1. Funding for the provision of freezers to store forensic evidence collected from people who attend Sexual Assault Treatment Units (SATUS)

Funding for provision of freezers to store forensic evidence collected from people who attend Sexual Assault Treatment Units (SATUs)

 

Frances Fitzgerald, T.D., Minister for Justice and Equality recently announced that her Department will fund the provision of  freezers to store forensic evidence collected from people who attend Sexual Assault Treatment Units (located in Dublin, Mullingar, Galway, Cork, Waterford and Letterkenny), but who do not immediately wish to report the matter to An Garda Síochána.  The funding also covers the cost of freezer monitoring to ensure that robust evidence of appropriate storage of forensic samples may be recorded and produced in court if required.

 

The Minister said "I wish to commend the staff of sexual assault treatment units for the dedicated and professional manner in which they deliver a challenging and sensitive service. I hope this investment will assist in the processes of investigation and prosecution of sexual crime; and in turn lead to more reporting of sexual crimes to An Garda Síochána."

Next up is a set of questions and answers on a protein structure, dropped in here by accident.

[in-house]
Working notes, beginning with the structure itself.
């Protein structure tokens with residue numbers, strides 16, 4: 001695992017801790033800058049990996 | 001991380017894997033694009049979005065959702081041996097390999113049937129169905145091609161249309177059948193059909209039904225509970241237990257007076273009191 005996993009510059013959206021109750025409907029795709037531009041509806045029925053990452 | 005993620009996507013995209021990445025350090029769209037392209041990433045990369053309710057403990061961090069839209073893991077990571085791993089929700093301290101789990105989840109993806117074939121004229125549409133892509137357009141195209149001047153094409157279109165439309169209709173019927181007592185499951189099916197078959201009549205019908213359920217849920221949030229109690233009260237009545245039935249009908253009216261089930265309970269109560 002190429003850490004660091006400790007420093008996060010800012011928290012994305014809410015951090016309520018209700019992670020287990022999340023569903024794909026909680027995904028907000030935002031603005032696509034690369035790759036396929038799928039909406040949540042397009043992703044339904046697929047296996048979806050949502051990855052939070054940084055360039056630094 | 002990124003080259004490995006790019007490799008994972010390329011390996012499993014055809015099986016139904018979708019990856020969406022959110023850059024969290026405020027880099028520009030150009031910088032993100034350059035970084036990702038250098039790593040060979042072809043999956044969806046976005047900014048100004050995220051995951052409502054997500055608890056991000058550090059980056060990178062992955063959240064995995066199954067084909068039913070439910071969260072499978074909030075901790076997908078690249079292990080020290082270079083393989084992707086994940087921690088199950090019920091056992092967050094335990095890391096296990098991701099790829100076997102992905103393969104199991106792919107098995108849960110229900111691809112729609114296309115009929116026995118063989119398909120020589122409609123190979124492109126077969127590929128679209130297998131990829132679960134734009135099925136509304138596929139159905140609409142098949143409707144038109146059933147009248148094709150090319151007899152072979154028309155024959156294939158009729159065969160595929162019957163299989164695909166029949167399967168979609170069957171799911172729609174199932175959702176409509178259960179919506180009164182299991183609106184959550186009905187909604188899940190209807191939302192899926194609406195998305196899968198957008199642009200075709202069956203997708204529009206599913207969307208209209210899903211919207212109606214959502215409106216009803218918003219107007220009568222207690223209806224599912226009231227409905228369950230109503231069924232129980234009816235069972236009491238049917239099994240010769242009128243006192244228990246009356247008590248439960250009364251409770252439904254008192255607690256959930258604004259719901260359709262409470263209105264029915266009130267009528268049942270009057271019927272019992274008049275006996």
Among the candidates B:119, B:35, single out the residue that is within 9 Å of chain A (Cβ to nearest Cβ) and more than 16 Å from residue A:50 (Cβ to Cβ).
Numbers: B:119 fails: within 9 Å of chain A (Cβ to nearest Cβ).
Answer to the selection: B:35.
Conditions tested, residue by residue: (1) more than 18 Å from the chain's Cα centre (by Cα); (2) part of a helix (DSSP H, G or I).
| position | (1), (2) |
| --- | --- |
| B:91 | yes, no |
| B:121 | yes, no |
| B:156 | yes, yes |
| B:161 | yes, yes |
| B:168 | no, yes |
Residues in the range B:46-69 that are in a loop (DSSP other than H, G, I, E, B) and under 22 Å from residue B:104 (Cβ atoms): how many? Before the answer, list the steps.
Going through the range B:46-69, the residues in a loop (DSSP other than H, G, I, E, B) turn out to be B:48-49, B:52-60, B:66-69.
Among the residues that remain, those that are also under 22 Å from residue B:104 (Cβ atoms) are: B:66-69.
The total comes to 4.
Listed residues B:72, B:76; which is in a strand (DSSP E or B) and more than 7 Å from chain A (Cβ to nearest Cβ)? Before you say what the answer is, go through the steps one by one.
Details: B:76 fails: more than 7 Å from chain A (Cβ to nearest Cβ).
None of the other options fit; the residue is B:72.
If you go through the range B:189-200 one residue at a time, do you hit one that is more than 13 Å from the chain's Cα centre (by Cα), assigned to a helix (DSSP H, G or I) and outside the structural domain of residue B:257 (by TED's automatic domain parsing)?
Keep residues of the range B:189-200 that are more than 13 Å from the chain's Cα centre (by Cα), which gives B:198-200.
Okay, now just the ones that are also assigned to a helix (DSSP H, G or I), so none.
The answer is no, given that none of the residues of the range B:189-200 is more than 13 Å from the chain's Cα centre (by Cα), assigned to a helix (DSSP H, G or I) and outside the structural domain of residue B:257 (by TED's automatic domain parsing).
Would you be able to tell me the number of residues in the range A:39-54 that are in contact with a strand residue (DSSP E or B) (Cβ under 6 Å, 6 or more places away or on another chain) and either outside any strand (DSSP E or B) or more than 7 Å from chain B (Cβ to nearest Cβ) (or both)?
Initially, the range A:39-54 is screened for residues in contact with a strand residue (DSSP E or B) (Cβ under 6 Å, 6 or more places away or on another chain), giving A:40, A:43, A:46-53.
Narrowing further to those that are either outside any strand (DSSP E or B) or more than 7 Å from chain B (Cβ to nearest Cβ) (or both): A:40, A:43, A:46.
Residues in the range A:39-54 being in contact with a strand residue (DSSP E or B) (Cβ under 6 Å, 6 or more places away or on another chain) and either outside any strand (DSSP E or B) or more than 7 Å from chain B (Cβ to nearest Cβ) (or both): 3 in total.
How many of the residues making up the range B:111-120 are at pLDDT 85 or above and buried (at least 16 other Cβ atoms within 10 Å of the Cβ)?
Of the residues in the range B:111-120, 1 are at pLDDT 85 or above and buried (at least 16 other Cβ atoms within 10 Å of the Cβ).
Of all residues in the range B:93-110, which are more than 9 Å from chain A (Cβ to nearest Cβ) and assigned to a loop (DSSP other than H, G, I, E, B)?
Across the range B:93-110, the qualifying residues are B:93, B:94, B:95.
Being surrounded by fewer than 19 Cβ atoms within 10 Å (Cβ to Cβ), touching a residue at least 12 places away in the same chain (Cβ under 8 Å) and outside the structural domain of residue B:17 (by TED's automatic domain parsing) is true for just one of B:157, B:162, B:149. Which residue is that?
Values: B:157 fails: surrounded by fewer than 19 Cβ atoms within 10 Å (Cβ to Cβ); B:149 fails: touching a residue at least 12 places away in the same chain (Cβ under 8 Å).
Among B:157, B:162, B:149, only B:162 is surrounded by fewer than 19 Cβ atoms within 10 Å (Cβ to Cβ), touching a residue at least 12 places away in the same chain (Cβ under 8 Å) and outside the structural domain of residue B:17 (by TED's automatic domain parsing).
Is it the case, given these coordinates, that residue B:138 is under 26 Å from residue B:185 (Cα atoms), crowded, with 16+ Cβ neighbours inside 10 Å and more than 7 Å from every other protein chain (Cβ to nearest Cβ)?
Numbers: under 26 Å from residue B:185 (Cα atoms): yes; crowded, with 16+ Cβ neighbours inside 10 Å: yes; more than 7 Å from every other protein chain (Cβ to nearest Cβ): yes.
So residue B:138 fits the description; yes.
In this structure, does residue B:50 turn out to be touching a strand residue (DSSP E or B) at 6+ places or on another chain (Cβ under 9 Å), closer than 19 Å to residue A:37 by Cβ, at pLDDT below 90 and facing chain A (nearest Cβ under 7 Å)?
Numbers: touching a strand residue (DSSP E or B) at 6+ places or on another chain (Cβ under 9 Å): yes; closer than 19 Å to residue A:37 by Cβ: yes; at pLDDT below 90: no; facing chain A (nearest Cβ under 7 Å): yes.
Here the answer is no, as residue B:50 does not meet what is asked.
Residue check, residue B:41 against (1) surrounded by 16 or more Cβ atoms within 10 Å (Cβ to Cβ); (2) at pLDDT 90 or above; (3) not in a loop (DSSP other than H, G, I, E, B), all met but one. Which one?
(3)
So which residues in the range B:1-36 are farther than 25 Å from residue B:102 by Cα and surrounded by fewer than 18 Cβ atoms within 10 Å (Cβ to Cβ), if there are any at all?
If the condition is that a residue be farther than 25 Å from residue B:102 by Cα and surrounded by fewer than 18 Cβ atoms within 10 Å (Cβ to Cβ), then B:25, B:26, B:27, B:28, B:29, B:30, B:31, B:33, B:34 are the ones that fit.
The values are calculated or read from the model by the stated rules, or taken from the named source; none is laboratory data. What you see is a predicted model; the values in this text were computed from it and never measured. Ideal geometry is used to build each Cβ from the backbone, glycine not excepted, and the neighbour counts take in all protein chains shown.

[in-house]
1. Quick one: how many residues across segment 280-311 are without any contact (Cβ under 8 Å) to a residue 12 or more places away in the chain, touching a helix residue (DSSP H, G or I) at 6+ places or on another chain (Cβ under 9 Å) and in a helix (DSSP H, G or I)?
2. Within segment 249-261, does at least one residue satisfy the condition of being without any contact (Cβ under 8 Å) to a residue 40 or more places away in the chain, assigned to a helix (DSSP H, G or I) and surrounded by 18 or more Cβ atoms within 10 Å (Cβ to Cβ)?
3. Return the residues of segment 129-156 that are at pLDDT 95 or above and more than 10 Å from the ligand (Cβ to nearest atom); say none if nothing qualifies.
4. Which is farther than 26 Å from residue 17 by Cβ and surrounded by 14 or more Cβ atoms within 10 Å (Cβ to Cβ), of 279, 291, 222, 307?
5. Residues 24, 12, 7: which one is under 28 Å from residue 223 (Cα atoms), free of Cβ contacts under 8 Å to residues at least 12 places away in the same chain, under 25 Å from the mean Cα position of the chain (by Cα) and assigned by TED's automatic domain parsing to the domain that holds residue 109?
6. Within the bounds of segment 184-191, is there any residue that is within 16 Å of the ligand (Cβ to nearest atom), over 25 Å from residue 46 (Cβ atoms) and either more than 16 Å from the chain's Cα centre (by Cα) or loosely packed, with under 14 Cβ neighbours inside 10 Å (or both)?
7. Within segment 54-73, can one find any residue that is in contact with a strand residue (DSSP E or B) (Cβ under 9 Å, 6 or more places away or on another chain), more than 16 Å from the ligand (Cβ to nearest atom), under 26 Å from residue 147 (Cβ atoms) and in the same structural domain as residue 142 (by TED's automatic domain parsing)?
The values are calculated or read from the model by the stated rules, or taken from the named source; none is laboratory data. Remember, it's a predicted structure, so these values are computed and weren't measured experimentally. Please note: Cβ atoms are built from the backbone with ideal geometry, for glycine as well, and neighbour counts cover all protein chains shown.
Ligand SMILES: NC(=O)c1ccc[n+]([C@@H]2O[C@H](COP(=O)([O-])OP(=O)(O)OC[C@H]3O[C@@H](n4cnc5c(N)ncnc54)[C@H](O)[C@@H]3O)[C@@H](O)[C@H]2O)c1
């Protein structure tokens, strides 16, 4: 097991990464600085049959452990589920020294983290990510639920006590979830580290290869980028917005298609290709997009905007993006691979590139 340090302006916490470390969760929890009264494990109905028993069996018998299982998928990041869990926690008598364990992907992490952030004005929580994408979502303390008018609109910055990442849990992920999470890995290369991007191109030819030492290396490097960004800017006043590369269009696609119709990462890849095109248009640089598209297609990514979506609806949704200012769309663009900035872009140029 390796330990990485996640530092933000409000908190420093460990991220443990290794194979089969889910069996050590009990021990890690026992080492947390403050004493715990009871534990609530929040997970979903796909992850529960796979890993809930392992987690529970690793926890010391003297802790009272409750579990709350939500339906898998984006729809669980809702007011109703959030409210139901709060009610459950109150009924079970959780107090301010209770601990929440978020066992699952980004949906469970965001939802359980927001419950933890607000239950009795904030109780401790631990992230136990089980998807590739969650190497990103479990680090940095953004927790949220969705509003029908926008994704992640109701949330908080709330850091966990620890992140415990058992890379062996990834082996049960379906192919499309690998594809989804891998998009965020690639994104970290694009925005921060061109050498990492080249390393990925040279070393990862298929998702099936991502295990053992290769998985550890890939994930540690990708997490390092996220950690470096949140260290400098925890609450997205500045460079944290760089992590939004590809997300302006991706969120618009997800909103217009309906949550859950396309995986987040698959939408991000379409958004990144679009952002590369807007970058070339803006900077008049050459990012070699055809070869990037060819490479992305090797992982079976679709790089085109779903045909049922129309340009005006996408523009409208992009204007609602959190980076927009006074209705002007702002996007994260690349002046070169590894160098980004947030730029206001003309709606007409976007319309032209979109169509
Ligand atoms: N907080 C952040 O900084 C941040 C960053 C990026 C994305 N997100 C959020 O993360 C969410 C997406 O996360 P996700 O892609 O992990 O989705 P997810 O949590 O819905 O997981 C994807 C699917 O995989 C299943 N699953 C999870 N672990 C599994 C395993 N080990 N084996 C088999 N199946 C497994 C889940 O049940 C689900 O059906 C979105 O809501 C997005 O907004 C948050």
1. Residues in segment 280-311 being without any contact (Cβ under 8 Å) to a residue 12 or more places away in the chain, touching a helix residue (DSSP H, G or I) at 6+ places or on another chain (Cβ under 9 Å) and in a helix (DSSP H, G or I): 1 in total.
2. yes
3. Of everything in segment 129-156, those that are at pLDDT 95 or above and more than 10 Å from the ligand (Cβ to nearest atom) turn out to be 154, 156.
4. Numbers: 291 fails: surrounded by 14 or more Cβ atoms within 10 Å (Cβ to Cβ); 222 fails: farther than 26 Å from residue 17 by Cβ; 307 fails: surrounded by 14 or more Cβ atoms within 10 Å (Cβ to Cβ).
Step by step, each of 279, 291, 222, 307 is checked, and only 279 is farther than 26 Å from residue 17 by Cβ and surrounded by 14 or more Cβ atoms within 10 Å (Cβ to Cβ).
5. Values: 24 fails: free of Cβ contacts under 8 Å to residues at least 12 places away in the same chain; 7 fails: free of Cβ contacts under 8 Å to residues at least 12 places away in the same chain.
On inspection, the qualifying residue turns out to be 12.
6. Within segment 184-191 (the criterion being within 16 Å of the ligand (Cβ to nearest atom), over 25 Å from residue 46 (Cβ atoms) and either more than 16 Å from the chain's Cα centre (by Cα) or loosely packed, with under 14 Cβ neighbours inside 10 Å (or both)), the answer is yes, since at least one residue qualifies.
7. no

The current options for a victim of a sexual crime attending a sexual assault treatment unit are to receive medical treatment only, or if the incident is reported to An Garda Síochána to also have a forensic examination with the gathering of evidence. These freezers will permit a third option, where a victim may not wish to involve An Garda Síochána immediately. Evidence can be gathered and securely stored for up to a year. During this time the victim may decide to report to An Garda Síochána and the stored evidence can then be transferred to Garda custody for use in the investigation. Protocols agreed with An Garda Síochána and the Office of the Director of Public Prosecutions will ensure the evidence collected, stored and later transferred will meet all the evidential requirements for prosecution.  The protocols also address the disposal of the samples where the victim does not report within the year.   The Minister believes that this facility may improve the potential for the reporting of and subsequent successful prosecution of sexual crimes.  The availability of forensic evidence in support of allegations often leads to a guilty plea being entered.  This can significantly reduce the trauma of a trial for a victim of sexual violence.